How military couples can get interest rate relief
Joint credit card accounts qualify under the Servicemembers Civil Relief Act
By - - | Published: April 12, 2010
The Credit Guy
Dear Credit Guy,
I was reading your article about notifying credit card companies for active duty to lower interest rates to 6 percent. My husband (he's deploying soon) plans on doing this with his credit cards. We were planning on adding each other to our cards also. If I add him to mine, would the act cover those cards even though the credit was originally issued to me, a civilian? Since we both are married, and I have power of attorney, wouldn't the card be his, too, once his name is added? Thank you for any response. -- Jennifer
You are referring to the Servicemembers Civil Relief Act of 2003 (SCRA), which provides that the maximum rate of interest charged on debts incurred before military service must be 6 percent and any interest in excess of 6 percent be forgiven. Under this provision of the act, accounts of the service member or joint accounts of the service member and the service member's spouse are eligible.
To qualify for the interest rate of 6 percent, you must submit in writing to the issuing financial institution notice that you qualify for the reduction and a copy of the military orders calling the service member to military service. I would mail it certified mail, return receipt requested. Once the creditor receives your paperwork, the account will accrue interest at the 6 percent rate from the date of military service. You will also need to send paperwork again once your husband is no longer serving. You have until 180 days after his release to let them know.
I understand your reasoning for wanting your credit cards to be included under the protections of the SCRA. However, just adding your husband's name to your credit card account as an authorized user still leaves the account only in your name. As such, it would not be eligible for protection under the SCRA because the account is not a joint account with your husband.
You could request that your husband be added as a joint cardholder, but most card issuers will require that your husband fill out an application, which would result in the issuer reviewing his credit report to decide whether to add him as a financially responsible party on your account.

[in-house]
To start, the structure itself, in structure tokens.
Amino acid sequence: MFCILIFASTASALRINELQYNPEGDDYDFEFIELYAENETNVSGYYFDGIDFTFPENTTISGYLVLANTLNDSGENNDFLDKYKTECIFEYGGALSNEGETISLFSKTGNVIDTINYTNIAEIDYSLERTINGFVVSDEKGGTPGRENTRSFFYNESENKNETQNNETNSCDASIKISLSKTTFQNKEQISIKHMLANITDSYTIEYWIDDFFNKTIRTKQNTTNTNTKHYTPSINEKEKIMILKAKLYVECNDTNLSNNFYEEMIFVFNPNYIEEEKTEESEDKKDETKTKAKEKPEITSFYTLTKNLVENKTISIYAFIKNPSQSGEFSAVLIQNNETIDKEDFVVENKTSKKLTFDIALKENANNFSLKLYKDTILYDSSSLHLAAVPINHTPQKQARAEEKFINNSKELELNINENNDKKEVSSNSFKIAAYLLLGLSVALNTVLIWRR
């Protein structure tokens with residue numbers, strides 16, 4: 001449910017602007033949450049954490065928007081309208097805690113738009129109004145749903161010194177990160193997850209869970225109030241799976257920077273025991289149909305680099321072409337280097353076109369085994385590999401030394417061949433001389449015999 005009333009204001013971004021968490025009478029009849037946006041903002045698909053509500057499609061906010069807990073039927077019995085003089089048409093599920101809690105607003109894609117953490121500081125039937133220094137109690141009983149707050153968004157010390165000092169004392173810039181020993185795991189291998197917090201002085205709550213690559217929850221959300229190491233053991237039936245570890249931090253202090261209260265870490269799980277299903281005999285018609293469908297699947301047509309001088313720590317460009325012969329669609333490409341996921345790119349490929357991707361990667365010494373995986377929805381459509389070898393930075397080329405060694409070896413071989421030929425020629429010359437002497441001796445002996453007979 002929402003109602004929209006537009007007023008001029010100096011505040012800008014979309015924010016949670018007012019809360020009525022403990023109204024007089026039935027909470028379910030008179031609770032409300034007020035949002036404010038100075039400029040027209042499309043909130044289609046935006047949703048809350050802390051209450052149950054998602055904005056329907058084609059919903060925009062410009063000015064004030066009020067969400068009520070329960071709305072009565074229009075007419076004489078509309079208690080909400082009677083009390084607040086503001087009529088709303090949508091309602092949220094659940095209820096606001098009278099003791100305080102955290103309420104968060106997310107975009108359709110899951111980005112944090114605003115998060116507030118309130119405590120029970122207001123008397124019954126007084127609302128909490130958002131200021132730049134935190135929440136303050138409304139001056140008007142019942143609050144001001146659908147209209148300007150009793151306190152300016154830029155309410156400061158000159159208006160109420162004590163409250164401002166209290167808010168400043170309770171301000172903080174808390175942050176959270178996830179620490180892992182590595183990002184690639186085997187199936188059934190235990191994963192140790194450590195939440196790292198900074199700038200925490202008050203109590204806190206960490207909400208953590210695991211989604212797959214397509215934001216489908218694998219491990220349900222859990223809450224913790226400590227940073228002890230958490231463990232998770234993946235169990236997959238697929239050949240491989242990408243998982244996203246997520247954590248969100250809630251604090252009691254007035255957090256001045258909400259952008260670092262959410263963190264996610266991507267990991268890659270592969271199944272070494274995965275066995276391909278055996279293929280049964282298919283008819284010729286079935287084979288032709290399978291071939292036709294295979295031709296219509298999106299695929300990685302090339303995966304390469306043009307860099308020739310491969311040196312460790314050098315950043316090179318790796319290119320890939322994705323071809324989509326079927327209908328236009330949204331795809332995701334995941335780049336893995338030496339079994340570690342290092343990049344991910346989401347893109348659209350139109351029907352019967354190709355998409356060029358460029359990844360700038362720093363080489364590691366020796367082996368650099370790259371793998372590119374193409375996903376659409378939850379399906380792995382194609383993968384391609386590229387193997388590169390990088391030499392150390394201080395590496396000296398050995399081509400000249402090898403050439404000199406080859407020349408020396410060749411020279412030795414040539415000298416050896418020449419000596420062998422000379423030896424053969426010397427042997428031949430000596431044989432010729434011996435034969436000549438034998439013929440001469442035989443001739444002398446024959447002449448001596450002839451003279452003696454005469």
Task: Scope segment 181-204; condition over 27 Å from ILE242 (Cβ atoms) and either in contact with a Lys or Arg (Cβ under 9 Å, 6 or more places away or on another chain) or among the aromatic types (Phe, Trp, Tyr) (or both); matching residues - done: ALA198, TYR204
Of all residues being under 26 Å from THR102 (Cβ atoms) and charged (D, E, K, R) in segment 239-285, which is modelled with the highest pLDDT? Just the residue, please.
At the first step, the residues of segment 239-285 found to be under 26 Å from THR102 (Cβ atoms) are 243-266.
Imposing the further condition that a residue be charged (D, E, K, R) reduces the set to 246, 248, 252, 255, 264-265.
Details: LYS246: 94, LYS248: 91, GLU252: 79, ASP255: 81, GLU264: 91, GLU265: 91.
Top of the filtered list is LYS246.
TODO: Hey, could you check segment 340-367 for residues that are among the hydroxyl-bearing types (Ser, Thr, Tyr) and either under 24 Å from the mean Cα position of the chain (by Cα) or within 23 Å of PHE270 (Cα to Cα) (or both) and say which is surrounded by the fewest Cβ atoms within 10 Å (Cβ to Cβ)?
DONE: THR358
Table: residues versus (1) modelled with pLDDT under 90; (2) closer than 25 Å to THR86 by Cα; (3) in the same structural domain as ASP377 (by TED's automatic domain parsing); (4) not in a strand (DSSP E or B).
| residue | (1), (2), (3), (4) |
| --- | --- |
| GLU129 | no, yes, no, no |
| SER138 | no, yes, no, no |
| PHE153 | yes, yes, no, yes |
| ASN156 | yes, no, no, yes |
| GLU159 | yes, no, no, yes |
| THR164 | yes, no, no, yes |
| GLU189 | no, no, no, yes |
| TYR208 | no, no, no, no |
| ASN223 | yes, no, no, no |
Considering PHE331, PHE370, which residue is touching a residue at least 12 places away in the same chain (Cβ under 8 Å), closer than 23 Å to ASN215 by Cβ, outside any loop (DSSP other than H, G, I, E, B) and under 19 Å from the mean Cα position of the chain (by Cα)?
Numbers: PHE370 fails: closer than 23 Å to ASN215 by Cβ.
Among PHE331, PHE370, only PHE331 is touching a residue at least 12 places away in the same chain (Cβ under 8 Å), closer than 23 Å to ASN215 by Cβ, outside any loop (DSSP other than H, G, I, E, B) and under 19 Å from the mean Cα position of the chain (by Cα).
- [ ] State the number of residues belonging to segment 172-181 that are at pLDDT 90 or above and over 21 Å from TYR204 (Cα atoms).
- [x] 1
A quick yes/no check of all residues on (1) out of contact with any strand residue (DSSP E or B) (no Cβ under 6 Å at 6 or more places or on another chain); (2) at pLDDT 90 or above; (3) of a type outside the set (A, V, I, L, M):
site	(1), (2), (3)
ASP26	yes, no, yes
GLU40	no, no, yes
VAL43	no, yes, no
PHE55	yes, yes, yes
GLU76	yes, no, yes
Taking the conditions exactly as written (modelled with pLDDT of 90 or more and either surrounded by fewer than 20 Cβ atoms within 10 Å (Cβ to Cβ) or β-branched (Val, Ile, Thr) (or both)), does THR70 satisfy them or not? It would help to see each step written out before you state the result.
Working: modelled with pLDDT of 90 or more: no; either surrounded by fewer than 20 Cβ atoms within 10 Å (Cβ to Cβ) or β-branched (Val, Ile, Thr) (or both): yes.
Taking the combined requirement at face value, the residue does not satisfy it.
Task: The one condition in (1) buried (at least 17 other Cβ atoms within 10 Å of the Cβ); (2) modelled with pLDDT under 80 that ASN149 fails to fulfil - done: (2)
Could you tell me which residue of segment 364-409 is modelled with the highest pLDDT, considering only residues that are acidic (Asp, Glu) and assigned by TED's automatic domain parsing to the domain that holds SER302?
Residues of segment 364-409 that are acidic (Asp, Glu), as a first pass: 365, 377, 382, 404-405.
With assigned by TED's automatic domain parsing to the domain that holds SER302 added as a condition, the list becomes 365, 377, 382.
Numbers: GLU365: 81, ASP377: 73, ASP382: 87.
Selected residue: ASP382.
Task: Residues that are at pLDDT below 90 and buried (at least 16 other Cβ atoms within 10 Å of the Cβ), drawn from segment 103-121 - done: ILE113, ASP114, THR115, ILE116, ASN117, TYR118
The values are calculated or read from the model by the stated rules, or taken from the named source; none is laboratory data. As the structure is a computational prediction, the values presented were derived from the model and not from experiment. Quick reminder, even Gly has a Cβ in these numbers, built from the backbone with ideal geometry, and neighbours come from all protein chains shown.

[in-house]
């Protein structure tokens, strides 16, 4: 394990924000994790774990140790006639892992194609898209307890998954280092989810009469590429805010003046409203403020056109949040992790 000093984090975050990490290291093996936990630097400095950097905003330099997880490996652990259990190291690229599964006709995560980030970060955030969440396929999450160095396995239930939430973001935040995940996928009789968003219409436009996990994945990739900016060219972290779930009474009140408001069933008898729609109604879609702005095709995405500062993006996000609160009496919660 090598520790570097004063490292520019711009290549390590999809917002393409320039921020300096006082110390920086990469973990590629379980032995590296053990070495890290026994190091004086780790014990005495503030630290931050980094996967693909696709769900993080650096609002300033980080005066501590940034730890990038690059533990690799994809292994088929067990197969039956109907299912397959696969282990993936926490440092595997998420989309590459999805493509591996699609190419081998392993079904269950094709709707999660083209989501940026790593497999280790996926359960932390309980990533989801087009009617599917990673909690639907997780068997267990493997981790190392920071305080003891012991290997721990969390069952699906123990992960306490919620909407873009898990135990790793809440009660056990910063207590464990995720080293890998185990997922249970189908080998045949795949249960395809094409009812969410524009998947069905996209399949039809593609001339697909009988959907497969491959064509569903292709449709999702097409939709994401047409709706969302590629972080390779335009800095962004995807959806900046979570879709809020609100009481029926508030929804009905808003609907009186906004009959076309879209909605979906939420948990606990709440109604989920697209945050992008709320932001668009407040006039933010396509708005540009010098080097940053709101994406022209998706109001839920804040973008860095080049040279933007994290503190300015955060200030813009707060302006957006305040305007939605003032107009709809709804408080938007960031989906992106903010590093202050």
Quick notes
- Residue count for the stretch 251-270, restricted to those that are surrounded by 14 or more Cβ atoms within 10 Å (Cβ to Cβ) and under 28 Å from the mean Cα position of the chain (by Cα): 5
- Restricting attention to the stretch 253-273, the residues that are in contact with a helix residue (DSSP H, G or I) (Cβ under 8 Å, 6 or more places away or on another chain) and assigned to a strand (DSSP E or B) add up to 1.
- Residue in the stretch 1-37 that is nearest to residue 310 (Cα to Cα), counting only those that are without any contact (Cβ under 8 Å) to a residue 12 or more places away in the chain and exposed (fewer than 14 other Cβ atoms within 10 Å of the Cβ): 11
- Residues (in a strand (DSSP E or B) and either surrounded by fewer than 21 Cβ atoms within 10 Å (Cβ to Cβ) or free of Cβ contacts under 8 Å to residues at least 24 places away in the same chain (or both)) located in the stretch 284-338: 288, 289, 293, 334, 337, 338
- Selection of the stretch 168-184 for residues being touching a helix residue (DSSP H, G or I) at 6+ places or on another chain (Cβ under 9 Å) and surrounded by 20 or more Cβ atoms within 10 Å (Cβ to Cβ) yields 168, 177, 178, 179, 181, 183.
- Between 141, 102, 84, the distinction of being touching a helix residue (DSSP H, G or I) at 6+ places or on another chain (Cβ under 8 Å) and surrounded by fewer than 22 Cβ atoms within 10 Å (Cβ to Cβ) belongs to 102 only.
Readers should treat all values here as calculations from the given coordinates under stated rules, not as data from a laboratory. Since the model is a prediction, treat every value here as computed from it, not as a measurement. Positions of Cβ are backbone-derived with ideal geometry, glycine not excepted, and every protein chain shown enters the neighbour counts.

If time allows, you might consider transferring the balances from your credit card accounts to your husband's accounts. Or apply for a new joint credit card and transfer the balances from your cards to the new jointly held card. Also, the interest rate reduction is for obligations and liabilities incurred before military service. The interest rate reduction will not apply to any new debt acquired after military service has begun.
One other thing to keep in mind: The SCRA provides for creditor protections. A court can give the creditor relief from the interest rate reduction provision if the creditor can prove that the service member's ability to pay interest in excess of 6 percent is not affected by the service member's military service.
Take care of your credit!
Meet CreditCards.com's reader Q&A expertsDoes a personal finance problem have you worried? Monday through Saturday, CreditCards.com's Q&A experts answer questions from readers. Ask a question, or click on any expert to see their previous answers.
- CFPB rule: Consumers should be able to band together and sue – Banks, GOP oppose measure that would end "mandatory arbitration" clauses that prevented class-action suits ...
- Bluesnarfing is newest card fraud at gas pumps and ATMs – With a skimmer and Bluetooth technology, fraudsters can sit nearby and intercept your payment transaction details ...
- TransUnion to pay $60 million to consumers flagged as criminals – A jury sided with a consumer who claimed TransUnion violated federal law over OFAC alerts ...